A few years ago, I learned a big lesson while in an intensive coaching program. You do not need to go through life reacting to everything around you.
It is possible to live a life that you design. It is not an easy process though! In this article, I will share with you the top 4 lessons I learned doing this.
What kind of life do you want to live? If you died tomorrow, what would you want people to remember and share about you? Having a clear intention of who you want to be is the first step to being able to do something about it.
Do you want to try a challenging exercise? Take an hour and try to write your own obituary. It can be a jarring and sobering thing to do but it can also help you get clarity of what is most important to you. Will your current actions and behaviours get you to the person you describe in your obituary?
Look at all aspects of your life such as finances, family, values, health. What is important to you? What does your designed life look like? Draw a picture and make it feel real!
When you get clarity on your intentions, you need to take a closer look at what you are doing in your life. How are your actions aligned with your deeper intentions?
You may find this part difficult if you look at it from a perspective of good and bad or being right or wrong. You are human, you will mess up!
The point here is not about being perfect all the time. It is about checking how consistent you are in your actions. When you mess up, that is all fine, but you need to be able to own it. You need to be able to tell others as well when you behave with them in ways that are out of alignment with your intention.
What happens for you when you are unable to succeed in something you are trying to do? Do you assign blame to others? What could be different if you took 100% responsibility for everything in your life?
Your kids never listen to anything you say or never do what you ask of them? Instead of blaming them, take a look at how and why you are allowing them to do so. You cannot lose weight? What if you made a different choice than to grab that bag of chips as a snack in the evening?
Taking responsibility for your actions and behaviours is hard and painful, but it is also very empowering. Remember you cannot change other people, you can only change yourself. When you make others responsible for not being able to act, you are creating your own limitations.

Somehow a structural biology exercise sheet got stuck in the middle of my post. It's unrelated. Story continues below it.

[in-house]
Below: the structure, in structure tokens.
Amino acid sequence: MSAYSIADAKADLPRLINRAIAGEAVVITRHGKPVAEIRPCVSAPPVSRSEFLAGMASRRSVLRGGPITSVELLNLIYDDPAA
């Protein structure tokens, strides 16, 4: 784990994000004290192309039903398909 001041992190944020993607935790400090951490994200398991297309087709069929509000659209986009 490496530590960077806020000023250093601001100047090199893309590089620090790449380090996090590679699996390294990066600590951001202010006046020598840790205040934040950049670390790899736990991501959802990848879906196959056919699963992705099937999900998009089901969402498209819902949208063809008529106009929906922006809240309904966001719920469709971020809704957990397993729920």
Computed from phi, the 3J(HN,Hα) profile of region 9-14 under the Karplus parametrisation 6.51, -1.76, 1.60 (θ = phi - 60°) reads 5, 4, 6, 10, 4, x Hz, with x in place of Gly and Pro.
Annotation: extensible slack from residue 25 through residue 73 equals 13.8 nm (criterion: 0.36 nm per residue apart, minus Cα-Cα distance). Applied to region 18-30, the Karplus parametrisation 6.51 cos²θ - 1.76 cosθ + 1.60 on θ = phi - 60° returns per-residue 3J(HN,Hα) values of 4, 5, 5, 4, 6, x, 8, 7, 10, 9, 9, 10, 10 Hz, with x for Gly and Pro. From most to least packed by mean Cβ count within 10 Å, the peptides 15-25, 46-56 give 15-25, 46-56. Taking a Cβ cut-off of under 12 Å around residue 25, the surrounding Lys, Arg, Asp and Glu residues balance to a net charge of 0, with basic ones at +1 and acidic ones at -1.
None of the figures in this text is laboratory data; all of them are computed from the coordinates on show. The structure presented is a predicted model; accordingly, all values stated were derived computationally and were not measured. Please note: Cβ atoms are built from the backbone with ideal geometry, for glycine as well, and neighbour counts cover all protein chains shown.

Are you the type of person that needs to hit a home run every time you step up to the plate? When you do something, do you look at your results as success or failure? Are you so afraid of failure that you would rather do nothing than fail? How are these limiting beliefs impacting your life?
What could be different if you focused on what you learned instead of success and failure? How could the lessons you learned help you to take another step towards your goal?
Take a moment and think about something you are trying to do. Instead of hitting a home run, what could you do to get to first base? For example, imagine you want to write a book. This is scary for many because we are talking of writing hundreds of pages.
What if you wrote a series of small articles instead? What if each of them fed off the previous one? Using this approach, you would eventually have your book's content. Each article you write could also provide you with quick feedback on whether or not your topic is interesting to other people.
What first step could you take to start working on your designed life? What could you learn from this step? What is the next place you could take it from there?
You do not need to be content with living your life on a day-to-day basis while reacting to what happens to you. It is possible to design your life and every day make different life choices based on what you want.
Taking 100% responsibility for your life is one of the most empowering things you can do. Imagine all the power you give to others when you blame them for what is happening in your life!
Tell me, how will you start living your designed life instead of settling for the one you currently have?
This article was originally published on wellness.com in March 2018.